As a quick reminder, paperless Direct Debit is set up over the phone or online while paper Direct Debit uses paper mandate forms. To help you decide which one is best for you we’ve pitted them against each other:
Paper – Getting a signed form is an incredibly simple way to get authorisation where you already meet with your customers in person. It isn’t so good where you don’t – your customer will have to download and print a form to sign before posting it back to you. Plus you'll need to manually process the Direct Debit mandate before storing it securely.
Paperless – If you sign up customers remotely online or over the phone, you will need a paperless Direct Debit solution. You may also prefer to set people up in person using a tablet or mobile device. Getting paperless authorisation avoids the need for manual processing. However, to use paperless Direct Debit you'll need access to an online device at the point of sale.
Summary: Paperless is the simplest option unless you don’t have easy access to an online device at the point of sale.
Paper - Customers without access to a computer or those who don't want to use the internet for payments or give out personal information over the phone, for example elderly people, may prefer paper mandates.
Paperless - Customers increasingly prefer the convenience of setting up payments online or over the phone with an increasing shift to paperless.
Summary: Paperless is simpler all round and, as a result, is becoming increasingly popular, however, it may not be a fit if your customers aren’t comfortable using computers or the internet. We sometimes see this with businesses who have an elderly customer base.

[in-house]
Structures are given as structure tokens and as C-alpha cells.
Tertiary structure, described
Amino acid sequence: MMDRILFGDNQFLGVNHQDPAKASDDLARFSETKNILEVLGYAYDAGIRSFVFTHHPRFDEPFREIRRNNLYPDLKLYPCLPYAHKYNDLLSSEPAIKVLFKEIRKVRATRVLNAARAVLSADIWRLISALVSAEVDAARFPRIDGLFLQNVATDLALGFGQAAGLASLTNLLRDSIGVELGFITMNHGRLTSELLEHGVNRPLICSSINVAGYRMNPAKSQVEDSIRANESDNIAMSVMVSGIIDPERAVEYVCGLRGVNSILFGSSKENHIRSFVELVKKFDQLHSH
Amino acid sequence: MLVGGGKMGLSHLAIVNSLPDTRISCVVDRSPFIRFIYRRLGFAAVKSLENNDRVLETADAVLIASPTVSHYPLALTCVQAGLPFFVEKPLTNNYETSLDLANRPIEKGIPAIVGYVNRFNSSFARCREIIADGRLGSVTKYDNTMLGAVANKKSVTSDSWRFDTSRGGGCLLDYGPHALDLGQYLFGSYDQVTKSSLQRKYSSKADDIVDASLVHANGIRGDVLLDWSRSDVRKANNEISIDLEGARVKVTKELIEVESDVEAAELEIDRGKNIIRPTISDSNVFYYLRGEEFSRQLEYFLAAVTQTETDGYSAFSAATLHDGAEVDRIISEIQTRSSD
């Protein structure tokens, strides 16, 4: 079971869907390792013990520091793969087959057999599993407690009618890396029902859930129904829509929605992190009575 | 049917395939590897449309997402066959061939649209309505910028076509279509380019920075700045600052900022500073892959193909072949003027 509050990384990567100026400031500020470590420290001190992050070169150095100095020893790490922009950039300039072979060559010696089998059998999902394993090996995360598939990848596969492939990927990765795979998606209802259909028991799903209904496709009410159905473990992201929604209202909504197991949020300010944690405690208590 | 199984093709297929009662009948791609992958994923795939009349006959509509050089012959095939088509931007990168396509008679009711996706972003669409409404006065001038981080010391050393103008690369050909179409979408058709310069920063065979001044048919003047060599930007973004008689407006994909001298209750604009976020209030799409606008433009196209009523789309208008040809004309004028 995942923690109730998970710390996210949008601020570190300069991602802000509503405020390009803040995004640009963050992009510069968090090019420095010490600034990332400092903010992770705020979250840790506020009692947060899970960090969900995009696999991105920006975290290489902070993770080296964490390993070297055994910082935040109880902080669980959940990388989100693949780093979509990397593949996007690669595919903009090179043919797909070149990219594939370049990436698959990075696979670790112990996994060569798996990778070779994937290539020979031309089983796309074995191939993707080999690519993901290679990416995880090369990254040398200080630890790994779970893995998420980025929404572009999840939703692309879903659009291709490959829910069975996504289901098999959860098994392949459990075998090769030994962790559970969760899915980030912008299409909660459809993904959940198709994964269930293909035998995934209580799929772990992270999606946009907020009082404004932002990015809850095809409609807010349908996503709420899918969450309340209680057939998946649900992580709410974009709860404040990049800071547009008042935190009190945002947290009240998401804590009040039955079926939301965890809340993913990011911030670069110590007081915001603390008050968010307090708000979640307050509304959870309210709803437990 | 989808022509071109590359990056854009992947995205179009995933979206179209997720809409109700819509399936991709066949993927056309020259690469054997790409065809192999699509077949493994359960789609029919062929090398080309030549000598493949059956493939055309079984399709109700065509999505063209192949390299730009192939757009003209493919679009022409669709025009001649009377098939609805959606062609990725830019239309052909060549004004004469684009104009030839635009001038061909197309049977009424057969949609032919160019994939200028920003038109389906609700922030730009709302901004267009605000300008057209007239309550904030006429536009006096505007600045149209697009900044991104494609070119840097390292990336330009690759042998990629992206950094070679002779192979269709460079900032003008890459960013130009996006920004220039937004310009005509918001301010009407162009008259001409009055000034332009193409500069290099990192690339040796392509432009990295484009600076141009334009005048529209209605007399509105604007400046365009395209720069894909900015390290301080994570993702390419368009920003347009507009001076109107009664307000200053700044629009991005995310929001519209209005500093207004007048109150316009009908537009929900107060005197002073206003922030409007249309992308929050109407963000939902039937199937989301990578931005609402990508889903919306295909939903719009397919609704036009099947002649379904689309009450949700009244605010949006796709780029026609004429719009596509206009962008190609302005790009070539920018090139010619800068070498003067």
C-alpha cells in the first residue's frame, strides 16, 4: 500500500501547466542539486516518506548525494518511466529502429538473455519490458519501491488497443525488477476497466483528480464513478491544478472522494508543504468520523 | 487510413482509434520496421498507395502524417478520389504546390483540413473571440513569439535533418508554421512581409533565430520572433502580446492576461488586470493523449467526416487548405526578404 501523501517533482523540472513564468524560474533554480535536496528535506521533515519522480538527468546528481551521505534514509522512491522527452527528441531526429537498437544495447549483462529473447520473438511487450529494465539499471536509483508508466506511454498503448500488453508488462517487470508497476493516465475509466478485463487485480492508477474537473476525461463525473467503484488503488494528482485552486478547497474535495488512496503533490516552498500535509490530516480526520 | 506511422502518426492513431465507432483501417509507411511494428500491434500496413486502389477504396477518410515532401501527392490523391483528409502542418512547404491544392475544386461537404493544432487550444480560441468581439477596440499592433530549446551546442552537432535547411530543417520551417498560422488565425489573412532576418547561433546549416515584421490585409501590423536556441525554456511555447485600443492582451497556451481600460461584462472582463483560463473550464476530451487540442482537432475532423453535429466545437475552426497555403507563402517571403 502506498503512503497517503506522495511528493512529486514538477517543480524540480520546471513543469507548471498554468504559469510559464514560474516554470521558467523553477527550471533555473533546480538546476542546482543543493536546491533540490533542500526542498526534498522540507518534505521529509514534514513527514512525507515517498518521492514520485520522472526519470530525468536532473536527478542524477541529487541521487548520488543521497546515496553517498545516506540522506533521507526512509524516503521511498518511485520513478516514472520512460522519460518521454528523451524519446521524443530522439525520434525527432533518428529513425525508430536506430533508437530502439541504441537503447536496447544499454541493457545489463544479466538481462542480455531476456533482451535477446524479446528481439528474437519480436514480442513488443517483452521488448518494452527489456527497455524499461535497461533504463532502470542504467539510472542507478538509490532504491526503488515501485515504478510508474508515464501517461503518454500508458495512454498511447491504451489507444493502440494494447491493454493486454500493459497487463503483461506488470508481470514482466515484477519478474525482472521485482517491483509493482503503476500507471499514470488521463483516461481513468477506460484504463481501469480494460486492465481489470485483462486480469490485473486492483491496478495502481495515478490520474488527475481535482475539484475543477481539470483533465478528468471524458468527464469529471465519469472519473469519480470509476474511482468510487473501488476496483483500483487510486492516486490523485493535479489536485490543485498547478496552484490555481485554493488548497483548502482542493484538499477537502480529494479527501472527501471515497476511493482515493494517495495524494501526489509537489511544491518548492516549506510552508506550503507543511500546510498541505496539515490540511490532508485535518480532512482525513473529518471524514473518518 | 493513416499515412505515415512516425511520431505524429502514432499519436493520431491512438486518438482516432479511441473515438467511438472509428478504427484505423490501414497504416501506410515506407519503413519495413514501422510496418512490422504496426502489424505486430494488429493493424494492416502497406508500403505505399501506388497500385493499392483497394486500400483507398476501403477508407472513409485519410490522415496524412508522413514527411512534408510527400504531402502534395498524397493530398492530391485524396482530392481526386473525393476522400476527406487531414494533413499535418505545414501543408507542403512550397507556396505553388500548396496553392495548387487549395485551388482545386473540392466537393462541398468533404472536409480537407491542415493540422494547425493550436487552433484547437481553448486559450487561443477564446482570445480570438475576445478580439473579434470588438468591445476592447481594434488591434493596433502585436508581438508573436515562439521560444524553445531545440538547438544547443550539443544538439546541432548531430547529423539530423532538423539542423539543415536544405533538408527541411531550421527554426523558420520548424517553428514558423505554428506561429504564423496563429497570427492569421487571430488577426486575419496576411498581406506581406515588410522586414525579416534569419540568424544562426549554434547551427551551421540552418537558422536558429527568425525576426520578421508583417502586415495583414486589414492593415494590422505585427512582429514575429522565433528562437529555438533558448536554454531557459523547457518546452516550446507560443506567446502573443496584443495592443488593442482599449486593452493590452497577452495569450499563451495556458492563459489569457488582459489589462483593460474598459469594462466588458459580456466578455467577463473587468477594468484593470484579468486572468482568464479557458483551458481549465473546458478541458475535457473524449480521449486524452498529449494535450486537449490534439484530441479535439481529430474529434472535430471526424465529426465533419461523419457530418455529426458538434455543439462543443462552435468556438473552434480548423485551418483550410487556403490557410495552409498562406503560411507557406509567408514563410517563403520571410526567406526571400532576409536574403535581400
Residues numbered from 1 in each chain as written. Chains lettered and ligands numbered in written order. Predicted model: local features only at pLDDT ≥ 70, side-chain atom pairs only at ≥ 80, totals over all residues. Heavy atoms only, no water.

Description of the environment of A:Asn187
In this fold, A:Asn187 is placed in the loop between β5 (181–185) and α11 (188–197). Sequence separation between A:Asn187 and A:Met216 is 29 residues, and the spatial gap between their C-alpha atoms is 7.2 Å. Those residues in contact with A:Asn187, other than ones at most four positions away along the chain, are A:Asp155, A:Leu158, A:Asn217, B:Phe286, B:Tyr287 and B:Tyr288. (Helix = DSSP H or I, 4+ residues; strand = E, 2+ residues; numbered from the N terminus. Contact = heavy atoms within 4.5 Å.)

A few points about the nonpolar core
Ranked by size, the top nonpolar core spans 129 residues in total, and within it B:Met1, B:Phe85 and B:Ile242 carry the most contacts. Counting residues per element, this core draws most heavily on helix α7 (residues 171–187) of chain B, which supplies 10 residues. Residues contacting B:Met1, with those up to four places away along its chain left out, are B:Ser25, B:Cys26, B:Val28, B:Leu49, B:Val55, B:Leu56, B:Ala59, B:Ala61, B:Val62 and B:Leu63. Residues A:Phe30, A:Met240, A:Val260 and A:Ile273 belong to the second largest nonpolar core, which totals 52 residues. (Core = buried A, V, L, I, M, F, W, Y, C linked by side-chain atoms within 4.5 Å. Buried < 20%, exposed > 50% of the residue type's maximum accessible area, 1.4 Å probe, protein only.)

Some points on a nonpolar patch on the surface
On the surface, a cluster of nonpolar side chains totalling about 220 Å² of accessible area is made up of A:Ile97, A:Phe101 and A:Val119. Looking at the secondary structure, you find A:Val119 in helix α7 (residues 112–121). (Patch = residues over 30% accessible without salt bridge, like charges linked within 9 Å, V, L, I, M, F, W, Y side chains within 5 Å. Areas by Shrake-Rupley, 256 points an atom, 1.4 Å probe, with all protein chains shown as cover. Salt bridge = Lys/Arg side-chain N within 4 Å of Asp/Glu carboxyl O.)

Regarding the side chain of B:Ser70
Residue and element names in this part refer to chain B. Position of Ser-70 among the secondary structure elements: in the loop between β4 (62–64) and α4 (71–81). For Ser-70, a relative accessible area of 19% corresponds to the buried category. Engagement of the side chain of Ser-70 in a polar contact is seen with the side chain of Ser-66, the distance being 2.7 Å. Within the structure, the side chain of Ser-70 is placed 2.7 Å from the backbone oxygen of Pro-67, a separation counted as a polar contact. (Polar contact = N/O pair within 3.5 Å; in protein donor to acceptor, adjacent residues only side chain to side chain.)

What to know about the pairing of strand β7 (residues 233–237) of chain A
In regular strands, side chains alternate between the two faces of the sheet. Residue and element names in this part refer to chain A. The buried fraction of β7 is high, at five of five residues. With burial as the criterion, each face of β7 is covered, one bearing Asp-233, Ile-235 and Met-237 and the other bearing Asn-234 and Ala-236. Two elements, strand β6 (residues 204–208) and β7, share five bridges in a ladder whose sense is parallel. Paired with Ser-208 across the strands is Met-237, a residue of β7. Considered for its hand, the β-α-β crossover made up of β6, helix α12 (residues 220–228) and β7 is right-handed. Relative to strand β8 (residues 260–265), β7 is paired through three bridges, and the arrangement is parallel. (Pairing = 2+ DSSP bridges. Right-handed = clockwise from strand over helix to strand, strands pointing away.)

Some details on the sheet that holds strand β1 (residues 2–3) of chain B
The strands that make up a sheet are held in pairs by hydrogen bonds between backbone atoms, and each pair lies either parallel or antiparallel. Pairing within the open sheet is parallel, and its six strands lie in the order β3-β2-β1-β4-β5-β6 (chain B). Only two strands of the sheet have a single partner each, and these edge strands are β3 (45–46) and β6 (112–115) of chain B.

Paper - Paper mandates should be stored. You will need to produce it in case of an indemnity claim. You will need an in-house or remote storage solution and someone to manage it. You will also need to create and maintain an electronic database of the mandate information.
Paperless - Paperless mandates do not need to be stored as there is no physical document. You will just need an electronic database of the data and log of the signup. This helps to reduce storage and administrative overheads. The lack of a physical document can make proving authorisation more challenging in case of an indemnity claim. However, less than 0.2% of payments are charged back so this is a small risk.
Summary: Generally paperless makes sense as it saves so much time and effort, however, if you have an extremely high average transaction value and are concerned about chargebacks then paper may make sense.
Paper – Paper mandates are slower to set up, and more susceptible to human error. Customers may need to post their mandates to you, and you will need to manually re-key the data into your database.
Paperless - Paperless mandates involve far fewer manual processes. Customers can sign up instantly online or over the phone, and the data is entered directly into your database.
Summary: Paperless is less open to human error and customers can sign up quickly. This means you can start taking payments earlier.
Paper - Paper Direct Debit involves significant printing, postage and storage costs. Setting up payments and sending notifications by post is extremely expensive and can cause delays which in turn cost businesses money.
Paperless - Paperless mandates are cheaper to set up, as they use a fully electronic process. This avoids the cost and inconvenience of printing, signing and posting paper forms. However, depending on your provider you may need to pay an additional monthly fee to use paperless services.
Summary: Paperless avoids the costs associated with printing, posting and storing paper mandates – even with potential costs for accessing the paperless system this remains a significant saving.
Paperless Direct Debit is quicker, easier and cheaper than using paper. Increasingly customers prefer to set up payments online or over the phone. However, some customers continue to prefer a traditional paper set up.‹ View table of contents Next page ›